Guide to the On-Site Visit
What is it?
Whether it’s called Final Rounds, Plant Trip, or Super Saturday, this is your last interview. It’s typically a full day, and it’s a great opportunity for you and the employer determine if there is chemistry between the two of you, and if you jive with the office culture.
How Should I Prepare?
- You should learn as much about your (potential) future employer as possible, so read press, news articles, the company’s annual report and relevant industry publications. If you can, speak with alumni who work there to learn more about the company culture.
- Don’t hesitate to ask for the interview schedule in advance so you can thoroughly research with whom you will be interviewing.
Arranging the Trip
- Some employers will schedule all the arrangements for your visit, including paying for your transportation and hotel room (it’s acceptable to ask up-front how payment will be handled). If personal funds are low, talk with your contact to determine how he or she can assist.
The Night Before
- Many employers will arrange to meet you for dinner. While the degree of informality may vary, make sure to maintain professionalism as you are being interviewed in this setting, too.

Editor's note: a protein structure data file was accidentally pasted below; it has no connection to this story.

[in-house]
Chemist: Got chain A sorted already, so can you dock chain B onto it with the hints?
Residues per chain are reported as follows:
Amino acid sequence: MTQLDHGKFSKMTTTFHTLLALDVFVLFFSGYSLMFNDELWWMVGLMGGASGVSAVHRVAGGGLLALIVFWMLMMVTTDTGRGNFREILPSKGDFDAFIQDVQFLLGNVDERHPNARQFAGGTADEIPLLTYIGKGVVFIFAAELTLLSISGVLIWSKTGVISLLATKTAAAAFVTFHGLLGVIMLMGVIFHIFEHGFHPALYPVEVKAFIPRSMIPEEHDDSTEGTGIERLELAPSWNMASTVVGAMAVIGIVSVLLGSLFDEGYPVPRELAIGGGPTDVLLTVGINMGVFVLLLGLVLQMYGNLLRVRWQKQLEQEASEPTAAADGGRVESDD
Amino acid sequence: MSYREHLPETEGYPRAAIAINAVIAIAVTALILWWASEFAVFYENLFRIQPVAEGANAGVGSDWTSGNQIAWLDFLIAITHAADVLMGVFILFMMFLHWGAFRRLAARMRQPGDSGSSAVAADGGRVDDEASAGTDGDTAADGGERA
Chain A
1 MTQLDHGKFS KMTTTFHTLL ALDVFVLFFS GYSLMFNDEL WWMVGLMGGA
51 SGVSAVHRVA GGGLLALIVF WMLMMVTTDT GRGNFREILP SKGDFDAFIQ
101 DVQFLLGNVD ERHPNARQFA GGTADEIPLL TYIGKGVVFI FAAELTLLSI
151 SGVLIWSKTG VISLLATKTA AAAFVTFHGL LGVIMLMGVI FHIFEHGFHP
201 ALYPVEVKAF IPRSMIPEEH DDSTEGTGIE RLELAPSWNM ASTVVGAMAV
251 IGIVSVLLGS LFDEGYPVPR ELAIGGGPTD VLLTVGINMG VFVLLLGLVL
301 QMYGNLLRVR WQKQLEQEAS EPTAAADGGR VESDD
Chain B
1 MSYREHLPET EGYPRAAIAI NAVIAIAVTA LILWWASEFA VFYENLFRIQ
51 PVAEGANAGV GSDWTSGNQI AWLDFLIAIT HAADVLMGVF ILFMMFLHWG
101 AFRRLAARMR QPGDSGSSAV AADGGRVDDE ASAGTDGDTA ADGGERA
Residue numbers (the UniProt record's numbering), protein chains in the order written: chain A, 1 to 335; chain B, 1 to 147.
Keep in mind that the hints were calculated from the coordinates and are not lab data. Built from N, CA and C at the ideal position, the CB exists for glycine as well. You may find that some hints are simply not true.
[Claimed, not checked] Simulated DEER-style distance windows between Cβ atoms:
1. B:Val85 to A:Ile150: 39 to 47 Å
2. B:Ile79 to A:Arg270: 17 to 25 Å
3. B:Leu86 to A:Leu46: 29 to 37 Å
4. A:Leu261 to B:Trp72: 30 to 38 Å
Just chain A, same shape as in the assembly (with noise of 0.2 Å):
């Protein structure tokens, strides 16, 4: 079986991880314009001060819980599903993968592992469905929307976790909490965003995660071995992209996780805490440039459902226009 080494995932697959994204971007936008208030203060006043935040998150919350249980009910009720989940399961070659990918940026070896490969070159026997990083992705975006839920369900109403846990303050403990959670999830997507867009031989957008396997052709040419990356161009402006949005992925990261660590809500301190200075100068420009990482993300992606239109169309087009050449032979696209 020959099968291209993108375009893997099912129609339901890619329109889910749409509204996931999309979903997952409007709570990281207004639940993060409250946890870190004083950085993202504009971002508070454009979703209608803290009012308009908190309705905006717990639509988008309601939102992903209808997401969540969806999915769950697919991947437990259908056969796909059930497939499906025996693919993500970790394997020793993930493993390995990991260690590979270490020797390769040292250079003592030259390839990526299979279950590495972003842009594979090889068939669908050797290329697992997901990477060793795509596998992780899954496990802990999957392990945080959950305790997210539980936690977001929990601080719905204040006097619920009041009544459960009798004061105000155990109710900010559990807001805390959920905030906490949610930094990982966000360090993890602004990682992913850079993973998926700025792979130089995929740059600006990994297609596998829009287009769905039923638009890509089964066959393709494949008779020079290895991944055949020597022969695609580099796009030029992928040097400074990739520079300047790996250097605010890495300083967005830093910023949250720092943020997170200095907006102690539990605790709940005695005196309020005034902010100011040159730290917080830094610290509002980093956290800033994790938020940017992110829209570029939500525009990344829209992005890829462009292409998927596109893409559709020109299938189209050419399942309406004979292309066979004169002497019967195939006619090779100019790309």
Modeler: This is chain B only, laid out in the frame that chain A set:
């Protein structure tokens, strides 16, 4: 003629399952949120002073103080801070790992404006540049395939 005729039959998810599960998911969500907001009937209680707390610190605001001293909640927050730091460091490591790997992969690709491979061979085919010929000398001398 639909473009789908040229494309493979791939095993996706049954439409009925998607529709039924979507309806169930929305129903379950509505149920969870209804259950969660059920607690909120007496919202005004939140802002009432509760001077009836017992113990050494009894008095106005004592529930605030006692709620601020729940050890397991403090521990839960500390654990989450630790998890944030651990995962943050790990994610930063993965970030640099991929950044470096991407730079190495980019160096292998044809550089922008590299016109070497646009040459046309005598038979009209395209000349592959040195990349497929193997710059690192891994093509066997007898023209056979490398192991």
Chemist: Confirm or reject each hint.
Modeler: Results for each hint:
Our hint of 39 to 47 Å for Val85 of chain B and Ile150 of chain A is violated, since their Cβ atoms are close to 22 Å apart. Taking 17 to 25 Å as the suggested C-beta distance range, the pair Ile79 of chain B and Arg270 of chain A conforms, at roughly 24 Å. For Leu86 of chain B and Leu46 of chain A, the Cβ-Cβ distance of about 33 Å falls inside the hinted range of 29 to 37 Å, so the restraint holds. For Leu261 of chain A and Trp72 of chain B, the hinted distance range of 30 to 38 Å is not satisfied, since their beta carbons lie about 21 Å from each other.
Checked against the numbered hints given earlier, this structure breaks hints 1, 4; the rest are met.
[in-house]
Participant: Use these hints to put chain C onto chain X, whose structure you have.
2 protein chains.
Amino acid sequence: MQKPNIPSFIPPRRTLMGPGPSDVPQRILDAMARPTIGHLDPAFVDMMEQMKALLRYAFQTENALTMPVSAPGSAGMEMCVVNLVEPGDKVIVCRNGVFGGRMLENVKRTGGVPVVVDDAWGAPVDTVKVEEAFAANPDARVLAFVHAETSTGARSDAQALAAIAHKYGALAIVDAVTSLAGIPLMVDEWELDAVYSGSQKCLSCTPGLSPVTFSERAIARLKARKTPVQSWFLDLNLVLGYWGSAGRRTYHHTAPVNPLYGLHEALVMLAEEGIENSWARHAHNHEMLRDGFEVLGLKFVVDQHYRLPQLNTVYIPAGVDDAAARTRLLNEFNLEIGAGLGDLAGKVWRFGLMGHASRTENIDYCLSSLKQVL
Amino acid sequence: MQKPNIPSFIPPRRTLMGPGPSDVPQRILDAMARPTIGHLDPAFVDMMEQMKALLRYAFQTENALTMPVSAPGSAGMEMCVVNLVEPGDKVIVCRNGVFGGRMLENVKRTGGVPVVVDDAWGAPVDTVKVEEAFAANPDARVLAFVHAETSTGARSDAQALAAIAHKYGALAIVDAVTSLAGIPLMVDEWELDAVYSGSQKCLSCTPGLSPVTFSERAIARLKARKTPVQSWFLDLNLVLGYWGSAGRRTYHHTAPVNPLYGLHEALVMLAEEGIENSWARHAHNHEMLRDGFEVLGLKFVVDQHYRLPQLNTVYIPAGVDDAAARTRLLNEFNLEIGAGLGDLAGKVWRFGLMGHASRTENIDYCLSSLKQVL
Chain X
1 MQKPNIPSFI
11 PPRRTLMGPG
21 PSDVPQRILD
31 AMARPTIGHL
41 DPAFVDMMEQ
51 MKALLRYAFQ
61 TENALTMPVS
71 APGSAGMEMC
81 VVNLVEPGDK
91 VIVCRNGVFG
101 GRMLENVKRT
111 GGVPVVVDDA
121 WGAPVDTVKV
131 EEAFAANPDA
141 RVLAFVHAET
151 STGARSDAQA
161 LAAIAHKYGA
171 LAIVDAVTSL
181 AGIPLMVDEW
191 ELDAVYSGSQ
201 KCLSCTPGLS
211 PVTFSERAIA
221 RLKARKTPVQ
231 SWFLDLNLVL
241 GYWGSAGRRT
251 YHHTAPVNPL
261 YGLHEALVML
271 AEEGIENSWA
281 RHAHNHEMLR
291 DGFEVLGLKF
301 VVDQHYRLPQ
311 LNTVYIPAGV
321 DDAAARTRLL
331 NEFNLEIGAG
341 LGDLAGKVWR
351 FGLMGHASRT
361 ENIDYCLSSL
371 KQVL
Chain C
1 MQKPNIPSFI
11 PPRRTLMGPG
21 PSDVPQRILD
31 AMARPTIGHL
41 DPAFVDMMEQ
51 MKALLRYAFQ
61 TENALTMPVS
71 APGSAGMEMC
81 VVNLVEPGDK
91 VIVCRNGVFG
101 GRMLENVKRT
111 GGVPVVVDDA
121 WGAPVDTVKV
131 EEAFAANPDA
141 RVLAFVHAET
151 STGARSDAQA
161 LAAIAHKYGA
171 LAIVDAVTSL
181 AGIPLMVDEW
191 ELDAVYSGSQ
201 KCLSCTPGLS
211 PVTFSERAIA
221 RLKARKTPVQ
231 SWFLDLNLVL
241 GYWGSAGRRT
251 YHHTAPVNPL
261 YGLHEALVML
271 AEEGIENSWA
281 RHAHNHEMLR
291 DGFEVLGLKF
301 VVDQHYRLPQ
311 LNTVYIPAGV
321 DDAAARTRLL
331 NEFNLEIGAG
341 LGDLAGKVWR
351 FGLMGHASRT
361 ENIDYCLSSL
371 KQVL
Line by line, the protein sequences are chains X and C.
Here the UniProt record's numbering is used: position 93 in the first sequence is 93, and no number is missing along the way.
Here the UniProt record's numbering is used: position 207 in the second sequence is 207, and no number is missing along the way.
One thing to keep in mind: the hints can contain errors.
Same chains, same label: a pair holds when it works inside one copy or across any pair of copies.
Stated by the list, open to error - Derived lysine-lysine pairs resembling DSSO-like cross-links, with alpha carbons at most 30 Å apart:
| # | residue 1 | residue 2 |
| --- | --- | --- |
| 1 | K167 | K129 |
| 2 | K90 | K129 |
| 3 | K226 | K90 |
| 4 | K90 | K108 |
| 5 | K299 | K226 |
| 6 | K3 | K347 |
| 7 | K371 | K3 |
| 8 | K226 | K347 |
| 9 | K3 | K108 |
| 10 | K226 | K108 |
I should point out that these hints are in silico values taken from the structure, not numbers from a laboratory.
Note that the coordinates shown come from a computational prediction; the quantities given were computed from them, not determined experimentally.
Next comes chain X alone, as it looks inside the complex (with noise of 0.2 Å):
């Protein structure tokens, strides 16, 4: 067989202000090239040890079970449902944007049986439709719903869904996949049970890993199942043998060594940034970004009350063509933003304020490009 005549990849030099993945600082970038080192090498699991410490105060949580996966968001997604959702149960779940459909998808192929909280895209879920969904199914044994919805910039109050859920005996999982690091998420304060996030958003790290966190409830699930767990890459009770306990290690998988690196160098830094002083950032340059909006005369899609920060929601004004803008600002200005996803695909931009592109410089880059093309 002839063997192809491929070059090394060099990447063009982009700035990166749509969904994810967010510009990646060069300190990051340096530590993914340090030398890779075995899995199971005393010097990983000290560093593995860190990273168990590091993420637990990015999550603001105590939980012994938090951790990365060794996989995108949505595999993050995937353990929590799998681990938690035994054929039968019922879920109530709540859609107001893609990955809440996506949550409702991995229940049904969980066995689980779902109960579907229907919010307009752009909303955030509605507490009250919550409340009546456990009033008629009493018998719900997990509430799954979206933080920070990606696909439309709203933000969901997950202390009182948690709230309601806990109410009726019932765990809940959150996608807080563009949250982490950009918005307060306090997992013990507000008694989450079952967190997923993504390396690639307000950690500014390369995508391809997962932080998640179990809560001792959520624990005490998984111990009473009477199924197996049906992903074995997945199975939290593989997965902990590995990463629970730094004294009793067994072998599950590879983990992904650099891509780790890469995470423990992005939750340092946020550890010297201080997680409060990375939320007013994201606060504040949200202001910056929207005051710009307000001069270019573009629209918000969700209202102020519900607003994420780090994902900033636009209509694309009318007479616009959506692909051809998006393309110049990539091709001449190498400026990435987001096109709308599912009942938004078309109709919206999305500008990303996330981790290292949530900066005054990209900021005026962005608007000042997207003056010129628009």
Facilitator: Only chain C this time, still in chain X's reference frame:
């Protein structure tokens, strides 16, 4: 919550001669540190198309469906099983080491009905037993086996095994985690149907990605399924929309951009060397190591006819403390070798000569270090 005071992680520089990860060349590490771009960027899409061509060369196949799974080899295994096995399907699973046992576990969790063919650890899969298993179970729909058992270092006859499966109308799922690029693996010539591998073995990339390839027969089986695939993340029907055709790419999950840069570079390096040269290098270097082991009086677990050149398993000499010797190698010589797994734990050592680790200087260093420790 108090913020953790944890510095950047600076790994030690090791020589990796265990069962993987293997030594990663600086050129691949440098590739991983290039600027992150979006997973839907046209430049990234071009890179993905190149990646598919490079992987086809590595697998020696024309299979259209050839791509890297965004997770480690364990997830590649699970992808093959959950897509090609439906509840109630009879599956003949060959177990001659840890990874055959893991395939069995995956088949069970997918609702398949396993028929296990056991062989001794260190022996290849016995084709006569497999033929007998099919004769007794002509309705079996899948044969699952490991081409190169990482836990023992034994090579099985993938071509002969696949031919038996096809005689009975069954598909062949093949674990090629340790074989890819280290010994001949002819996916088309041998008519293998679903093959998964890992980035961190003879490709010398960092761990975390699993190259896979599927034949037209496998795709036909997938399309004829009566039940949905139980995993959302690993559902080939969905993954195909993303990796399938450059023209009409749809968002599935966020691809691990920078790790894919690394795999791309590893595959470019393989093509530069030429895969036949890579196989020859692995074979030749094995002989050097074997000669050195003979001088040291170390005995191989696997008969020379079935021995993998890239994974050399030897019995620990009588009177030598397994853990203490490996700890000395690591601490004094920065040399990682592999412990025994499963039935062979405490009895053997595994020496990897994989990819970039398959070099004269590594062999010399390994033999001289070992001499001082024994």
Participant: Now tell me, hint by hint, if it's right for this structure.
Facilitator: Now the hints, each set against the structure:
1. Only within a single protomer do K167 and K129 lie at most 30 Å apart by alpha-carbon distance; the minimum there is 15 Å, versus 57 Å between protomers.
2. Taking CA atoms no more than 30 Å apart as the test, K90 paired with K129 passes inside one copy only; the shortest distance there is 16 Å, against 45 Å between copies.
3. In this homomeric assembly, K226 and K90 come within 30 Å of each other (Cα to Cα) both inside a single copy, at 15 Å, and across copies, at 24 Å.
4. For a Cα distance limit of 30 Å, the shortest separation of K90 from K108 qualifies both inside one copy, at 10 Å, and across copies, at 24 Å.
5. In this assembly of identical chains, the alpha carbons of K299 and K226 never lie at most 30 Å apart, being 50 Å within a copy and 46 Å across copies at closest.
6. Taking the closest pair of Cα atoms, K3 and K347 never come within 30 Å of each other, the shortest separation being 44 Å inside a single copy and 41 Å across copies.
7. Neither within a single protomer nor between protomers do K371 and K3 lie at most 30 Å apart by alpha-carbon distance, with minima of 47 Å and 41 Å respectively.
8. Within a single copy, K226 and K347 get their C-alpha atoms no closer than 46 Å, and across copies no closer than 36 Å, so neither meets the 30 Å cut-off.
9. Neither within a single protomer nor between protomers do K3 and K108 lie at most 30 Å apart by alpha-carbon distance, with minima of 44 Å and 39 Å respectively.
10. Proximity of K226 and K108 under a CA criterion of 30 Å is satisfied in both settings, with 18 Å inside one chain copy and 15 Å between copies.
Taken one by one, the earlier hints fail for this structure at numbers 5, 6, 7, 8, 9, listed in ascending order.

- Steam or iron your interview outfit.
- Set an alarm. Schedule a morning wake up call.
The Day Of
- Groom in advance
- Many employers will schedule three to five hour-long interviews with various levels of management in a one-on-one and/or team setting. Sometimes, site visits are scheduled with a number of candidates visiting simultaneously—anywhere from four to twelve, giving you a chance to evaluate your competition.
- Some employers may prefer to take the non-directed approach to interviewing where you are expected to ask the questions and make observations. Not sure what to ask? Click here for a list of potential questions.
- Check out our negotiating offers page for detailed information about handling questions related to salary.
Following are the five basic types of tests you may encounter throughout the interview process
- Intelligence/Mental Ability Tests: designed to assess your critical thinking skills, including problem solving, mathematical aptitude, and memory. They are typically structured in a format similar to the SAT and ACT.
- Work Simulation Tests: These provide you with sample work scenarios that you must work through to a satisfactory result.
- Specific Skills Tests: For many highly specialized professions, employers will test your skills in specific areas (e.g., engineering and computer science) These tests are often tied into certification.
- Personality Tests: occasionally used to try to predict employee success.
- Honesty Tests: These are usually reserved for jobs in high security areas or where there will be access to trade secrets, merchandise, or cash.
After the Visit
- Send a personalized thank you note to each person you met with that day, including the person who scheduled your interview.
- Many employers will get back to you within two weeks of the visit with an offer or a rejection. Some offer jobs on the spot while others take up to a month to respond.